So you want to be a film composer huh? Well with the correct mindset, the right tools, and a little bit of luck, the path can be treacherous but also very rewarding if you can achieve the high honor of scoring Hollywood or independent films.
Like many professions, the competition to become a full time film composer is high, but nowhere near as high as actors, or music artists, or something where the term “celebrity” is attached to it. While there are a handful of “celebrity” film composers such as John Williams, Hans Zimmer, or Jerry Goldsmith, there’s another 99% of the field that’s inhabited by well-paid, full-time, but mostly unknown composers.
Some of the more popular film composers even have a much lower chance of being recognized on the street. This is a career for a creative, but also somewhat introverted individual, as many hours of the day or night will be spent alone in the studio. The bigger your career gets, the more of a “team environment” your daily routine will become, but the early days can be especially lonely.
Let’s say that you’re really good at either composing scores by hand with pencil and paper, or specialize in a more modern approach of creating within a DAW (digital audio workstation), while these are your main tools of the trade, you’ll need to exhibit a few other traits in order to survive and thrive in this career.
1. Be able to tell a story with music
So you just got hired to score a new movie! It’s your first film score, but you definitely know how to write music. What’s the first step? Well, ALWAYS start with the STORY. Think of the story of the movie as a coloring book, where you have to stay within the lines of what has been created on the screen or in the script, but don’t feel obligated to color everything the exact color it is expected to be.
Painting everything in inverted colors gives the story a unique spin. As long as you stay within the lines, people will be very impressed and consider it “well-done” considering you broke the rules in an artistic, correct way, without coloring outside the lines, which can be jarring musically but also ruin a great movie. So obviously the story can give you the pallet to work with, but how do you in fact choose which colors to use? Well, look no further than the story!
A combination of understanding the story and also the motivations or feelings of the main character(s) is essential to crafting a score that will serve the film as a whole.
2. Communicate well with the director
The relationship between the composer and director is one of the most important relationships within the filmmaking process. Obviously the director is the core individual who is bringing the vision of the script to life, so therefore every connection the director has with their talent is incredibly important to making sure the director achieves the best results possible.
As composers, we are ALL afraid to show the director our first draft of music, or have a spotting session where you actually talk about and play the music in person together.
It is paramount that as a composer, you can find a way to get as much information related to the story and core character(s) as possible out of the director. With this knowledge, you are much better equipped to create an amazing score, since we all now know that the story is the heart of the film, and if we know the story, we can have lines to work within, which gives us rules to follow, which we can then break (but only when it serves the story).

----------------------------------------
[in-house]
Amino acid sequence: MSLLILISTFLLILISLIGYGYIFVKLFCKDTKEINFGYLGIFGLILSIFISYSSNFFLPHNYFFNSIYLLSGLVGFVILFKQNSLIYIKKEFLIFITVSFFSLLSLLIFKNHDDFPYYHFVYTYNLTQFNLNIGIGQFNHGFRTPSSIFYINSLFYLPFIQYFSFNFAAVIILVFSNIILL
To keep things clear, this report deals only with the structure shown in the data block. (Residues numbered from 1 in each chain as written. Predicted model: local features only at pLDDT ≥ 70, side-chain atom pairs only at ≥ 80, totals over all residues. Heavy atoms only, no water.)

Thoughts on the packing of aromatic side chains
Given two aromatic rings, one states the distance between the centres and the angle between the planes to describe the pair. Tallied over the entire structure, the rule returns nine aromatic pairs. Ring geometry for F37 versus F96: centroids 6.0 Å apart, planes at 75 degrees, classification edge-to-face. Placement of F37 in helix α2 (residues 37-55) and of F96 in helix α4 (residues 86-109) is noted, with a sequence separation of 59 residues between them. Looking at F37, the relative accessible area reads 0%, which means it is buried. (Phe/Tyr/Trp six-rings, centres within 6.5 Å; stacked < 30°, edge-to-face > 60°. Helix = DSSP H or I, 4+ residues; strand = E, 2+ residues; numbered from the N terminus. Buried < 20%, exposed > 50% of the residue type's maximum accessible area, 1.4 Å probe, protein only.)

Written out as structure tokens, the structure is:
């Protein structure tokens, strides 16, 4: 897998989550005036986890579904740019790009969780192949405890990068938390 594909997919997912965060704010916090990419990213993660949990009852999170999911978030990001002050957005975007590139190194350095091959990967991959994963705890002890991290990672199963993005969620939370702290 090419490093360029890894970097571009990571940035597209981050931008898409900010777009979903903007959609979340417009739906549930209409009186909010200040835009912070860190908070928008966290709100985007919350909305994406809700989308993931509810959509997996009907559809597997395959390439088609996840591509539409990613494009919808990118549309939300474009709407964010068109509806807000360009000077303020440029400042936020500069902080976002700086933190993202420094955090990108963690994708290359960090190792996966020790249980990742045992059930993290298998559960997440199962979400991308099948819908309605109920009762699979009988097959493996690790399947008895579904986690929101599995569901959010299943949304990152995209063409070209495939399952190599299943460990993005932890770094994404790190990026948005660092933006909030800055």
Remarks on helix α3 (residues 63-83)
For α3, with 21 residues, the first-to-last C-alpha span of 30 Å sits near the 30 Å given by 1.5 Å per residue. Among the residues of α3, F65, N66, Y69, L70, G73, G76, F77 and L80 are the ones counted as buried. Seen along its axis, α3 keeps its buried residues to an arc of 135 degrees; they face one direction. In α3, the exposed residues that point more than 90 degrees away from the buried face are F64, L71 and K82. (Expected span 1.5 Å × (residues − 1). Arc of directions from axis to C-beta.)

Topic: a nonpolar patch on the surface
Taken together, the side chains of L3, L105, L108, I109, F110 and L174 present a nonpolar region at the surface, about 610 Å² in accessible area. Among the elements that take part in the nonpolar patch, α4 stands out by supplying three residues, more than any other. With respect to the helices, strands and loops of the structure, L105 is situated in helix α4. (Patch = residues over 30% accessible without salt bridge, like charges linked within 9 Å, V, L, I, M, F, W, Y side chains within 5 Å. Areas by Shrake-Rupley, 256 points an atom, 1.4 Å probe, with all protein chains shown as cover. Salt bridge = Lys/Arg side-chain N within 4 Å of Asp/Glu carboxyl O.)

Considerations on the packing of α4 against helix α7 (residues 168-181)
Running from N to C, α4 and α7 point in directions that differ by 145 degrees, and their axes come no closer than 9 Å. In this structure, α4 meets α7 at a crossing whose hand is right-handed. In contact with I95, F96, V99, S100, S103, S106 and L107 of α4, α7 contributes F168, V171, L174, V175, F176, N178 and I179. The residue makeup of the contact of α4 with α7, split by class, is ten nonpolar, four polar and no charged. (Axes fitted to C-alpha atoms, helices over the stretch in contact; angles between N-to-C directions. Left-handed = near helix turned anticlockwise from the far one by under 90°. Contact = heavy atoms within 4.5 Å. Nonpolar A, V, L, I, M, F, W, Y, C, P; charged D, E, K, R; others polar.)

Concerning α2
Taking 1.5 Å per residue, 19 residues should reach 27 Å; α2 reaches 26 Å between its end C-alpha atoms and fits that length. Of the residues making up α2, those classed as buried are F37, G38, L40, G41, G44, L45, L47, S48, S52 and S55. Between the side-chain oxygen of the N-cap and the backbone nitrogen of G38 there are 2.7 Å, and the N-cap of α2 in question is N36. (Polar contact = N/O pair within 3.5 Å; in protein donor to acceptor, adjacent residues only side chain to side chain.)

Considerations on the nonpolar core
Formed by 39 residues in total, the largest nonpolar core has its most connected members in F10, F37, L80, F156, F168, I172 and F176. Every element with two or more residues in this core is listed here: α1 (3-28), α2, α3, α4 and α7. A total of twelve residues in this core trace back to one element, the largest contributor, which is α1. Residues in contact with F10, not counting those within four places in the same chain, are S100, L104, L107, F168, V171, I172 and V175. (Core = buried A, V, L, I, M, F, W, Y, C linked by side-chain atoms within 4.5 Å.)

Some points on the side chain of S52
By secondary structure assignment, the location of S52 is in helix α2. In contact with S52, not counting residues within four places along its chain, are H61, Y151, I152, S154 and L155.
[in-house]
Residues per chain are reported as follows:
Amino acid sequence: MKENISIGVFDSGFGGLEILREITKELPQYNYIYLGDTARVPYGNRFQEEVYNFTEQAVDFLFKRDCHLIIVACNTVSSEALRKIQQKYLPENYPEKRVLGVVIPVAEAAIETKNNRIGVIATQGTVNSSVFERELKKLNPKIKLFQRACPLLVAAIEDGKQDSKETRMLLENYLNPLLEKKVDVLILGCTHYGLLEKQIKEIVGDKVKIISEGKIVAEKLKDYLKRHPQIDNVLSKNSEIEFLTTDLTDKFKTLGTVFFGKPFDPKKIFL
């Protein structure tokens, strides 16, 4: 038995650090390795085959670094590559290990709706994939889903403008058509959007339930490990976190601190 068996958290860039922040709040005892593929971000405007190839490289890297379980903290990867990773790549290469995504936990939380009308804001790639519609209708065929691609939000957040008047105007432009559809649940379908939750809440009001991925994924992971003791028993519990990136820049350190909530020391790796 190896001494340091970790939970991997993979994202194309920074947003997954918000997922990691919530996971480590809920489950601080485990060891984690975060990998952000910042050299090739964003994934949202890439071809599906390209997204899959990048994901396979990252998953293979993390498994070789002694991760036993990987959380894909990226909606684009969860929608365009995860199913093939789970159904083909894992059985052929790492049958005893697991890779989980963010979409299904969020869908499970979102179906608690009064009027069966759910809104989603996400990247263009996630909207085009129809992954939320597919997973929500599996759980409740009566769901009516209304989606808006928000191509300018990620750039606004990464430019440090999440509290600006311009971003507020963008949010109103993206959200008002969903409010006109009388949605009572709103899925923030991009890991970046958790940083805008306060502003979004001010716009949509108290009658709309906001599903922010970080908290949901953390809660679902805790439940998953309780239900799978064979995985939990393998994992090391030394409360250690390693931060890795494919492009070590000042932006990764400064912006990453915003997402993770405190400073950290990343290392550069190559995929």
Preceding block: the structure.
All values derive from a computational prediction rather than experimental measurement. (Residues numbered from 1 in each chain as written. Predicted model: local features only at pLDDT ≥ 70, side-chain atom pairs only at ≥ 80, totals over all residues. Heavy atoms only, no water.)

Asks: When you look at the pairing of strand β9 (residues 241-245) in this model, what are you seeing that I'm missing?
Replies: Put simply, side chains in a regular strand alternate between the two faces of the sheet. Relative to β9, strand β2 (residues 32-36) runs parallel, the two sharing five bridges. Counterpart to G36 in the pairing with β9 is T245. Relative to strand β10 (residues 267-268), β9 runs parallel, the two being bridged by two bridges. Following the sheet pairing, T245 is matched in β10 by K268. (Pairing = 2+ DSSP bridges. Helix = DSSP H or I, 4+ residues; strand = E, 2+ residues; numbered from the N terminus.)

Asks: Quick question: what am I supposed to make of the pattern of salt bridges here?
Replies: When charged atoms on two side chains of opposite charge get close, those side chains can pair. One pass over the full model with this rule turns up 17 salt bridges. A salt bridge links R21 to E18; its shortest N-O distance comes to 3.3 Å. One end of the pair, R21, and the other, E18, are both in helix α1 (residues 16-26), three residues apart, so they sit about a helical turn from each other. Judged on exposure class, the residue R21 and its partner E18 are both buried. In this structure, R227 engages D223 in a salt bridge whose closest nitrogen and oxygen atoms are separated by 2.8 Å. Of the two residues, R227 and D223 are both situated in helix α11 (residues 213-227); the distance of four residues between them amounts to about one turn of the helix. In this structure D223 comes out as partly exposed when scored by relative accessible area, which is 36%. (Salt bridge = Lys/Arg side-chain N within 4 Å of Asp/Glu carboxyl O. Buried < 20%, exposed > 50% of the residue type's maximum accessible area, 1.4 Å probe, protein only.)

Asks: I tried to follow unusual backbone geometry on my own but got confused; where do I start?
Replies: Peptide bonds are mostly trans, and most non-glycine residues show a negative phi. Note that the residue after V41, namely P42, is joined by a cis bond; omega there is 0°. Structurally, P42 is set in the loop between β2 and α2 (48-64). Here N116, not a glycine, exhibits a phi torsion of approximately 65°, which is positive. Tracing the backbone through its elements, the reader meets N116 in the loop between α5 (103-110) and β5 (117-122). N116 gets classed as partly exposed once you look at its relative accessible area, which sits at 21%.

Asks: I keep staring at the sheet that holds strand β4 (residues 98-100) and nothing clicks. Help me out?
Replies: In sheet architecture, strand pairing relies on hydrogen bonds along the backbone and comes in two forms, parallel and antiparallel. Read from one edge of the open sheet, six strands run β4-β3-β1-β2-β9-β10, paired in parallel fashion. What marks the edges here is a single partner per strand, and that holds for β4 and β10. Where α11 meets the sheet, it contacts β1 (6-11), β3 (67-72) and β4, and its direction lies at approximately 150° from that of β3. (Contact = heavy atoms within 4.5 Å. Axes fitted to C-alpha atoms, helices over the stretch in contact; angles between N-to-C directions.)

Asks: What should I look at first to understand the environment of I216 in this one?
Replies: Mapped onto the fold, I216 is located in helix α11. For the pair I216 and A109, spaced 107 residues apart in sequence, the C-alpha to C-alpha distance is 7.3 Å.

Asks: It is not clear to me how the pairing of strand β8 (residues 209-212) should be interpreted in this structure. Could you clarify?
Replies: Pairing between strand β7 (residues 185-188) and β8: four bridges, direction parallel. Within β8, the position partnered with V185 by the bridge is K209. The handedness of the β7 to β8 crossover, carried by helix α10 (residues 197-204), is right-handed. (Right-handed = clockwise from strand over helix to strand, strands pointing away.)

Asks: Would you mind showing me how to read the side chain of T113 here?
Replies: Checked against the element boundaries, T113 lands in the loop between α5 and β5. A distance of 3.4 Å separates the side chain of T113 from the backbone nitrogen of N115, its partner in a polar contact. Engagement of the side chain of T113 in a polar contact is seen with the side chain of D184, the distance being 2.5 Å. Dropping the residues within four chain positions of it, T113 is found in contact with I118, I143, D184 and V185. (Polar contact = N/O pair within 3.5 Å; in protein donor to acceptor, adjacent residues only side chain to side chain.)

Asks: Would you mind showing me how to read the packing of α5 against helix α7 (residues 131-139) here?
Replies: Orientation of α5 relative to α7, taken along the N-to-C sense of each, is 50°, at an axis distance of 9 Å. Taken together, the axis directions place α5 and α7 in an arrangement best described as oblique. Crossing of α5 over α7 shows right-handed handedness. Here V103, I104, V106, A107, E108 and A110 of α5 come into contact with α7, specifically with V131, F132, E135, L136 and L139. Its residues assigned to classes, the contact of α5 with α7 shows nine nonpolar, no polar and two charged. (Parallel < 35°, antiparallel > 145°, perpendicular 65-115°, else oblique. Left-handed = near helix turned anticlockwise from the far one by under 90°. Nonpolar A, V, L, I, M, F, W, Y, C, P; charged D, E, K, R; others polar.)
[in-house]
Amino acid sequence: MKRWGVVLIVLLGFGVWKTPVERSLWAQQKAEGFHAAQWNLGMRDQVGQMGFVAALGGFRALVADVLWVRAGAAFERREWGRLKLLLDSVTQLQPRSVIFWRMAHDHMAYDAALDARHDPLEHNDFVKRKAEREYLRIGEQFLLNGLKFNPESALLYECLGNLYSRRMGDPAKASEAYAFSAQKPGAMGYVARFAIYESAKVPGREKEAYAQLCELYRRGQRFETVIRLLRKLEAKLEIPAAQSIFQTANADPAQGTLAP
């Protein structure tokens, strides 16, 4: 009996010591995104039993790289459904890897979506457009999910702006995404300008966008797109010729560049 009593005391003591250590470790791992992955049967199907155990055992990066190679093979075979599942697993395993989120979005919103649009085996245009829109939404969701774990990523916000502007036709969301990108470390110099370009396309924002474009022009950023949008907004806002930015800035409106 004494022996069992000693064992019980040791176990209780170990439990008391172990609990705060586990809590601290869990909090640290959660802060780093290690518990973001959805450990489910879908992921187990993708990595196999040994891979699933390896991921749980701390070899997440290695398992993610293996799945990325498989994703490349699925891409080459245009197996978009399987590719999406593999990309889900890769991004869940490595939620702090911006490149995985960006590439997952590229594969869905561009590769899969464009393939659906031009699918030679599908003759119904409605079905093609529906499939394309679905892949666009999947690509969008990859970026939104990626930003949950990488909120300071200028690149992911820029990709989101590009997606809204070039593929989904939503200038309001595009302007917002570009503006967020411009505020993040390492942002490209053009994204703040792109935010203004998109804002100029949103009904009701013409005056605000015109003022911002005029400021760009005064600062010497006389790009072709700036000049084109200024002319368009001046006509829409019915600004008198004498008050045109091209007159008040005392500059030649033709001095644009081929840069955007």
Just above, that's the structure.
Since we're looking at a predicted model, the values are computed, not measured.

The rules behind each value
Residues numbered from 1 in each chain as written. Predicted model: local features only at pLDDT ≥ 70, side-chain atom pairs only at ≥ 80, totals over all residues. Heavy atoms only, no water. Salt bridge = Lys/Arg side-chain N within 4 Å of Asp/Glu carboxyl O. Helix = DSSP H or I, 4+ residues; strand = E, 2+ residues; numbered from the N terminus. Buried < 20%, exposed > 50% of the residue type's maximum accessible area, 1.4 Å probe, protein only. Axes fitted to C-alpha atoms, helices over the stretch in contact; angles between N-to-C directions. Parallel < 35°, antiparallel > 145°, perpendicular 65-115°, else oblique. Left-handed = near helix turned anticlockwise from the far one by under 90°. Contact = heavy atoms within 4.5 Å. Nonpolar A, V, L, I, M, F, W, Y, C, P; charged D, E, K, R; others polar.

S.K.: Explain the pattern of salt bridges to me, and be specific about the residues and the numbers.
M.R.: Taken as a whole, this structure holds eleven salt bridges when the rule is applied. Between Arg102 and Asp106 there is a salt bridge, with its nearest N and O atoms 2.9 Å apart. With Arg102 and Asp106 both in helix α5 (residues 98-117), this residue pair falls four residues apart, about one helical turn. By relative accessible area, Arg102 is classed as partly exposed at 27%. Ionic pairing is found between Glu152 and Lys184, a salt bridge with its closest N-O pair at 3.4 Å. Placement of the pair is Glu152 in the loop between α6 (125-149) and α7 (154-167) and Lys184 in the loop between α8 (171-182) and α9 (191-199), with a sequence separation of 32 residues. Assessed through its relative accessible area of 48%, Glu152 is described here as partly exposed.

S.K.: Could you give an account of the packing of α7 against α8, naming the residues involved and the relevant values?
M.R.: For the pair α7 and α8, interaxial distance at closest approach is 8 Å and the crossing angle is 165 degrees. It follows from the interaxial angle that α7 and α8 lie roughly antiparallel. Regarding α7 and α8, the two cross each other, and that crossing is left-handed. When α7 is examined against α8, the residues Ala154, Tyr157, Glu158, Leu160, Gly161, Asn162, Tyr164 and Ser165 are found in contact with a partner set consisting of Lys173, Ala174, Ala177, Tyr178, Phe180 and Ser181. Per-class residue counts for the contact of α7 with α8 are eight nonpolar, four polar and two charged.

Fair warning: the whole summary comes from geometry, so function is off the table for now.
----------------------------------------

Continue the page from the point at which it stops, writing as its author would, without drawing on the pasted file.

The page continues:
It all comes full circle! Some of the best movies ever made include a consistent relationship between the director and composer such as Spielberg/Williams, Nolan/Zimmer, Cameron/Horner, Zemekis/Silvestri etc.
If you’re a composer, other than working as an assistant for a well-known composer, one of the best things you can do is to develop consistent working relationships with directors who you work well with and they also make kick ass films!
3. Provide music that’s familiar but also unique
This sounds like a catch 22 right? Familiar AND unique? Well, it CAN be done, and is a MUST if you are going to make it successfully as a film composer for the long haul. Once you’ve established the musical tone and pallet for the film, you should work within that set of rules, but break those rules at opportune moments.
Think about the music from Indiana Jones (especially the action scenes) and listen to how John Williams stays within a specific style that fits the scene, incorporating in the main theme for Indy, but instead of playing the theme out fully, it gets interrupted by the action and some notes change ever so slightly.
This is the perfect way to balance the music that best fits the scene while also including the hero’s theme (or at least keeping the lead character’s point of view in mind). This keeps you in the perfect place of focusing on the main character while also staying within the lines of the film’s universe and individual scenes.
You want to think of it as making your audience comfortable with familiar chord progressions or moods initially, but then giving it a slight spin somewhere to create something they aren’t expecting. This is the biggest problem many composers face: balancing music that audiences expect with musical changes that enhance the scene, music, and tone all at once.
About the Author:
Adam Robert Galloway is a professional film composer from Los Angeles, CA